If a pretrial hearing has been planned in a civil case, all parties must be present since the purpose of the pretrial hearing is confining the issues prior to trial on the topics.

Confining the issues in a civil case will permit the issue to be dealt with more effectively.

In a Sarasota County criminal court, if the prosecution demands pretrial hearings, the defendant must appear at the hearing. However, a few states do not expect a pretrial hearing to be held if the defense asks for one.

Preliminary hearings are only conducted when the defendant initially pleads not guilty at his or her arraignment. A defendant must appear at a pretrial hearing to question the witnesses of the prosecution and assist in developing defenses and place him or herself in a superior place for plea discussions.

Can a Case be Dismissed at a Pretrial Hearing?

It is imperative to be aware that throughout a pretrial hearing judges will decide on any motions or issues raised throughout a pretrial conference. In other words, motions to dismiss will be decided on during the pretrial hearing.

Even though many pretrial motions contend with the defense requesting that specific evidence be prohibited or permitted for trial, sometimes it might effectively end the overall case of the prosecution with an effective pretrial motion to dismiss.

The case will be dismissed if the key witness does not appear, the prosecutors cannot ascertain at a minimal level that every component of a specified criminal offense happened, or the statement of a key witness crumbles under cross-examination. Other reasons for a case to be dismissed include as follows:

Fourth Amendment violations regarding illegal searches and seizures by police, investigators, and law enforcement
Procedural issues concerning police and prosecutors violating the rights of the defendant
Lack of resources
The defendant’s cooperation with the case

If the defendant does get the charges dismissed, prosecutors might choose to file charges against the person again in the future.

Do I Need a Lawyer at My Pretrial Hearing?

If you have an impending pretrial hearing in Sarasota County, you must have an experienced and competent criminal defense or civil lawyer. Even though you can act as your own attorney at a pretrial hearing, because of the amount of multifaceted legal issues argued and decided on at it, it is imperative to have a lawyer conversant with the pretrial proceeding. If the person does not have a lawyer present, he or she might exacerbate the trial of your case.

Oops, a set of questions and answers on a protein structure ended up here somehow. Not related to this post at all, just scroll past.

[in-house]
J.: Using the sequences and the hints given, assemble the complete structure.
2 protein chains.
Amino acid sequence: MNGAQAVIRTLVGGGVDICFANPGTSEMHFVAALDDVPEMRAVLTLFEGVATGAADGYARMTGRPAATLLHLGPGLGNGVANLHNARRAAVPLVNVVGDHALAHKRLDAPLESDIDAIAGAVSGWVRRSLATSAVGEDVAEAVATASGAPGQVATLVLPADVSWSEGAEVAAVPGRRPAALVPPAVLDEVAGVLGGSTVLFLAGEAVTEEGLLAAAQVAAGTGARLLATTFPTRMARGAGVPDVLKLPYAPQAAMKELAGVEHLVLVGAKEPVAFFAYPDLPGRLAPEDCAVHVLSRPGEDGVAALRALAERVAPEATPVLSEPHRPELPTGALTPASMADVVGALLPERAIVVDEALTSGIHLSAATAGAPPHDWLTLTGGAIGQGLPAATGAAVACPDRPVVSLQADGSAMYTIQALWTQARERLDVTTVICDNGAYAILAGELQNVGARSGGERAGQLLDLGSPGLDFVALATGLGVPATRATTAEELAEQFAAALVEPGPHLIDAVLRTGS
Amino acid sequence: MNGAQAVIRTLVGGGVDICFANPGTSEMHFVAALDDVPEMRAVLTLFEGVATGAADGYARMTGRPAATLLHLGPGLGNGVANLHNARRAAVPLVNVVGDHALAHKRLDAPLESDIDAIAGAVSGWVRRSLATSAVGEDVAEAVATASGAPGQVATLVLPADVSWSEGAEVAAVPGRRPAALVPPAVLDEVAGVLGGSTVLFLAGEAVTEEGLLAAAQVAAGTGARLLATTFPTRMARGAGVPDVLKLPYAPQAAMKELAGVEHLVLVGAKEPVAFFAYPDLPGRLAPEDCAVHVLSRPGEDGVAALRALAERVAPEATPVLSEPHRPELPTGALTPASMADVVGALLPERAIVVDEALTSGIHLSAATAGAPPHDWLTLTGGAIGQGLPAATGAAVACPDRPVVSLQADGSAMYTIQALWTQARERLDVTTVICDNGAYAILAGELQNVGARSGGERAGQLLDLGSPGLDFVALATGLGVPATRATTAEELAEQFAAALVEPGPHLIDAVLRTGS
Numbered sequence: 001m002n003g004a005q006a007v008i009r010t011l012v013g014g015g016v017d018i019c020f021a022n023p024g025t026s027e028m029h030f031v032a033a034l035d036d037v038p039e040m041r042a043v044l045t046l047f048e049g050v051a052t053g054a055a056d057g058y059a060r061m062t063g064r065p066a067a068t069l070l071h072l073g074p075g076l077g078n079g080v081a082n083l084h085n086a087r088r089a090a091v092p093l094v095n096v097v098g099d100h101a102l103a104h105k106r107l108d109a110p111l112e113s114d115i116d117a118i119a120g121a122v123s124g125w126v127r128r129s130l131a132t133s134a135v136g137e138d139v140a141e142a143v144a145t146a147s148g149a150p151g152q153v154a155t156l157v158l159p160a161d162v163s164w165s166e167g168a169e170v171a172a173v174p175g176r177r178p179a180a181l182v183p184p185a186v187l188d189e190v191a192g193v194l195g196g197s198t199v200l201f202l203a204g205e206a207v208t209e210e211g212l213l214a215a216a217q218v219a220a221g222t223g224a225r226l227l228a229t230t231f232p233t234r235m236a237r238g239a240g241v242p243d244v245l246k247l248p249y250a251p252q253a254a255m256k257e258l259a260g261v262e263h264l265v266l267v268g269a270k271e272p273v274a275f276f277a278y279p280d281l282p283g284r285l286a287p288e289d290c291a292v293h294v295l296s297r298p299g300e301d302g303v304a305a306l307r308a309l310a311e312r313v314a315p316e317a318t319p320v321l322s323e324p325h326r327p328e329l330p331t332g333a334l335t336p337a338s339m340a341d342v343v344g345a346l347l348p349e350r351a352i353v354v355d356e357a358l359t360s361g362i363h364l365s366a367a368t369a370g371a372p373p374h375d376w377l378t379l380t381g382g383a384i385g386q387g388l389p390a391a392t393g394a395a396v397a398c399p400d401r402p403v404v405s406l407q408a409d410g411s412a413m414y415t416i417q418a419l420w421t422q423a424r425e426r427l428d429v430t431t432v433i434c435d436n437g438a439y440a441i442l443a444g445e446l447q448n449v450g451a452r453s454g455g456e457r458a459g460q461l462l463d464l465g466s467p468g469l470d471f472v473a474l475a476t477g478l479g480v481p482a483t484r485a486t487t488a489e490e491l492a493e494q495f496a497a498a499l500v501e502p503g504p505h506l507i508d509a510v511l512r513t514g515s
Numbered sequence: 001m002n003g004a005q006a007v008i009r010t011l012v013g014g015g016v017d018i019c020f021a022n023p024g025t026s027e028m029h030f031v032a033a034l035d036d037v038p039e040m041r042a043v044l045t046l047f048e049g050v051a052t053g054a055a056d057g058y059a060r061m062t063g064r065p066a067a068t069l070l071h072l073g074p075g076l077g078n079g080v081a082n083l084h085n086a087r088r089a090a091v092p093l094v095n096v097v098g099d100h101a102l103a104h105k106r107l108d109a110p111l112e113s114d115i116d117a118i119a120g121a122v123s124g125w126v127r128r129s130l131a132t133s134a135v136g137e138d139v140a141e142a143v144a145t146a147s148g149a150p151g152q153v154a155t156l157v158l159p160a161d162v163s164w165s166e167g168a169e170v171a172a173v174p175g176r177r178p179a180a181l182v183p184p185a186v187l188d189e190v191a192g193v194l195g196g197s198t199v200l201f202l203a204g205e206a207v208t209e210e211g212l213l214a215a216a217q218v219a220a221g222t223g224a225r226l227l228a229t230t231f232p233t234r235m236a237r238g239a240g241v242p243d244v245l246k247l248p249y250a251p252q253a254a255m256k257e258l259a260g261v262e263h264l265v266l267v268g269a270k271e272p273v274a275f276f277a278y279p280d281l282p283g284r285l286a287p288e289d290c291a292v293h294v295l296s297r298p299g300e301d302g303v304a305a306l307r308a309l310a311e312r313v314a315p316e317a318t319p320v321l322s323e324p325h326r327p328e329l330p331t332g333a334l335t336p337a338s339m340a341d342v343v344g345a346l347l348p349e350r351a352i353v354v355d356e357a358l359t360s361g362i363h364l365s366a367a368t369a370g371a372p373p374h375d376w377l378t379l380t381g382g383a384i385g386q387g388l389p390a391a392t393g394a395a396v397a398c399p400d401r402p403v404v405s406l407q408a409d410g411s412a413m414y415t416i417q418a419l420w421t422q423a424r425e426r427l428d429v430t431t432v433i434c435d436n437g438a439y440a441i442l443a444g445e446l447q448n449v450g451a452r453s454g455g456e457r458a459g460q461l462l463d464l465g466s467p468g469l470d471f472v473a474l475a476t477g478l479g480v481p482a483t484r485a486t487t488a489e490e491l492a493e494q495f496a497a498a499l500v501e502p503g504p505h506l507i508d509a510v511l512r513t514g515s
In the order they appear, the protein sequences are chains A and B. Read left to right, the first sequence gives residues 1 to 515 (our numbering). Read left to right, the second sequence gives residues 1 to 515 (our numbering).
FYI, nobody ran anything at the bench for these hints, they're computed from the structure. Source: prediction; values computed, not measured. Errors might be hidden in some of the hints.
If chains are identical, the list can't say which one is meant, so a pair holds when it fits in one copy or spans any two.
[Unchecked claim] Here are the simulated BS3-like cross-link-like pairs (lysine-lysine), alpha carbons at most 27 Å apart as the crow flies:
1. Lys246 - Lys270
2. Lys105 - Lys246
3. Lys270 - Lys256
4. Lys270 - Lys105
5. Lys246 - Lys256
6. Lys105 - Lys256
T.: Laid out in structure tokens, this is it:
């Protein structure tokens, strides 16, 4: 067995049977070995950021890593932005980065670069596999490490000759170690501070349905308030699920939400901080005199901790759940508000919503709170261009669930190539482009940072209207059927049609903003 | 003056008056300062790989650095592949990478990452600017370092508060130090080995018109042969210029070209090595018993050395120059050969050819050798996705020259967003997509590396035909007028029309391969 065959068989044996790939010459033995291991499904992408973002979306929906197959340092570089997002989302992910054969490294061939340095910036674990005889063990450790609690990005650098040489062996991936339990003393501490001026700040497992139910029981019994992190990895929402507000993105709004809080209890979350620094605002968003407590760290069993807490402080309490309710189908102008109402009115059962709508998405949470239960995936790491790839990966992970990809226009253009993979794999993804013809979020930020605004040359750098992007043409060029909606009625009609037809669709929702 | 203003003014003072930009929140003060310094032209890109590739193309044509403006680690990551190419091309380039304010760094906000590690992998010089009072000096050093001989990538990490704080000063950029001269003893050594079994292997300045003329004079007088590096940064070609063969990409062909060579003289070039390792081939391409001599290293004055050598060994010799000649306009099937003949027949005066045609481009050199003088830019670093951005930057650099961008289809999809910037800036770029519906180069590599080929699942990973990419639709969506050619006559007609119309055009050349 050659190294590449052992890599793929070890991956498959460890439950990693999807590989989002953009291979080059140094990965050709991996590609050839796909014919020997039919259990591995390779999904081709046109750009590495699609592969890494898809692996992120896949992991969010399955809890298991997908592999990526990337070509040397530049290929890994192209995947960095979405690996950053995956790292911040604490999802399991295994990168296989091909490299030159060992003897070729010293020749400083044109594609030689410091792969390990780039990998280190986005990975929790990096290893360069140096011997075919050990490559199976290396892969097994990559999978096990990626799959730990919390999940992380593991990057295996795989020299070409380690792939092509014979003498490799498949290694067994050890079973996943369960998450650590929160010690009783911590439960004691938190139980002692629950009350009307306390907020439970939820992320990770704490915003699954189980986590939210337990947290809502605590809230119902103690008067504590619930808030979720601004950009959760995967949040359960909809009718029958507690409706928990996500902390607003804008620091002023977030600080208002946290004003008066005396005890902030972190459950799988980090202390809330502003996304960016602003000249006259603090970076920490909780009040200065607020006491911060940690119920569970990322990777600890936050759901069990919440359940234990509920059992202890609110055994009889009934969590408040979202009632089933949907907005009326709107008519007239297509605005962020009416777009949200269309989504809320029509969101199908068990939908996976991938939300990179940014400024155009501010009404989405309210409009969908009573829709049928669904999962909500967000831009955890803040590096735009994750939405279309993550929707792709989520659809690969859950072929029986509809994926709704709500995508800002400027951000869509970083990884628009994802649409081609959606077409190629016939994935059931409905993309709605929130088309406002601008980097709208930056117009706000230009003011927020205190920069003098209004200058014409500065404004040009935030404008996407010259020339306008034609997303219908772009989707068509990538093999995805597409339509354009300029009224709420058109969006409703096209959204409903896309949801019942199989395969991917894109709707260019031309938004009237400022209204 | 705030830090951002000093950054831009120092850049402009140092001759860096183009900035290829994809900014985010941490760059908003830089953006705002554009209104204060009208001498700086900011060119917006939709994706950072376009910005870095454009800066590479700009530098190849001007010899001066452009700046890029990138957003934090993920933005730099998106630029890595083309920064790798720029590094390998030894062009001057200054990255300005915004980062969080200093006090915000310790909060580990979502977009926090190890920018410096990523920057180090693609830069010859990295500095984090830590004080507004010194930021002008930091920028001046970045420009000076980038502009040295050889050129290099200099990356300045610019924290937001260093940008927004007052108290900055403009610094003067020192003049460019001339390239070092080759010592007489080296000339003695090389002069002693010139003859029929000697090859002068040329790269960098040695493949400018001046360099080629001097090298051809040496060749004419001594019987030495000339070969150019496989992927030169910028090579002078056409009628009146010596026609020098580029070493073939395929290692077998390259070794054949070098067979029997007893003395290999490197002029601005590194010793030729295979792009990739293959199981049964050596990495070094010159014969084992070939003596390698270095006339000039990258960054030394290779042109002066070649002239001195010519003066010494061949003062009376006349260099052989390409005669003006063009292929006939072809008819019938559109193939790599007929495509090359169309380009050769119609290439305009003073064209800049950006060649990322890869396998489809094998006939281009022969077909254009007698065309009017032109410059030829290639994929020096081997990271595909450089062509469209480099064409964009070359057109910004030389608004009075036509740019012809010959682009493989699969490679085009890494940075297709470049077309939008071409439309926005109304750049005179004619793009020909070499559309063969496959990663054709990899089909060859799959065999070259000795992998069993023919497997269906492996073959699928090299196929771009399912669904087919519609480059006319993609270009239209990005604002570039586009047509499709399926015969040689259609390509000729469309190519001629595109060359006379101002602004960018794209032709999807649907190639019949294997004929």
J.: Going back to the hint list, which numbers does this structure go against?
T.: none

A skilled lawyer could not just make sure that your concerns are looked after at the pretrial hearing, but he or she could also represent you during a trial if your issue goes on to trial. Additionally, in criminal issues, a skilled criminal defense lawyer could have the case against you dismissed. Lastly, in civil issues, a successful pretrial hearing will cause you to receive a more beneficial overall result in your case.

Can You Go to Jail at Pretrial?

It is extremely doubtful that you would go to jail at the pretrial hearing. The court’s task is not to determine the guilt or innocence of the defendant. Instead, the role of the judge is to decide whether there is sufficient evidence for the charges to go on to the court for trial. Although the prosecution submits sufficient evidence for the case to progress, there would not be a sentencing hearing because the defendant has not been convicted.

The only reason that a defendant would be detained if the prosecution were to move to increase or revoke the defendant’s bail. The judge or magistrate would listen to bail arguments and could increase or allow bail to remain as it is. If the judge increases bail, the defendant could be detained until the new bail amount is paid. The defendant would then be freed. It is rather sporadic for this to occur, so it is doubtful that you would go to jail at the pretrial hearing although the prosecution submits adequate evidence.

What Does Pre-Trial Felon Mean?

What Does Pre-Trial Felon Mean?
A pre-trial felon in the U.S. is a person who has been indicted for a felony, but whose case has not yet gone to trial. The pre-trial process entails at least one hearing which occurs before a complete trial being convened. They are normally conducted to determine if a complete trial is merited.

The trial process can be expensive to taxpayers. Because of this, when individuals are indicted for crimes, a trial is attained only after a case undergoes numerous other review stages. First, when somebody is apprehended for a crime, he or she is arraigned.

Afterward, the prosecutor must first establish that a crime has been perpetrated and it is rational to suppose that the individual apprehended and indicted with the crime could have perpetrated it. Next, the defense attorney or attorneys and prosecutor talk about probable solutions to the case.

As long as the case cannot be settled throughout the pre-trial process, it goes on to a complete trial.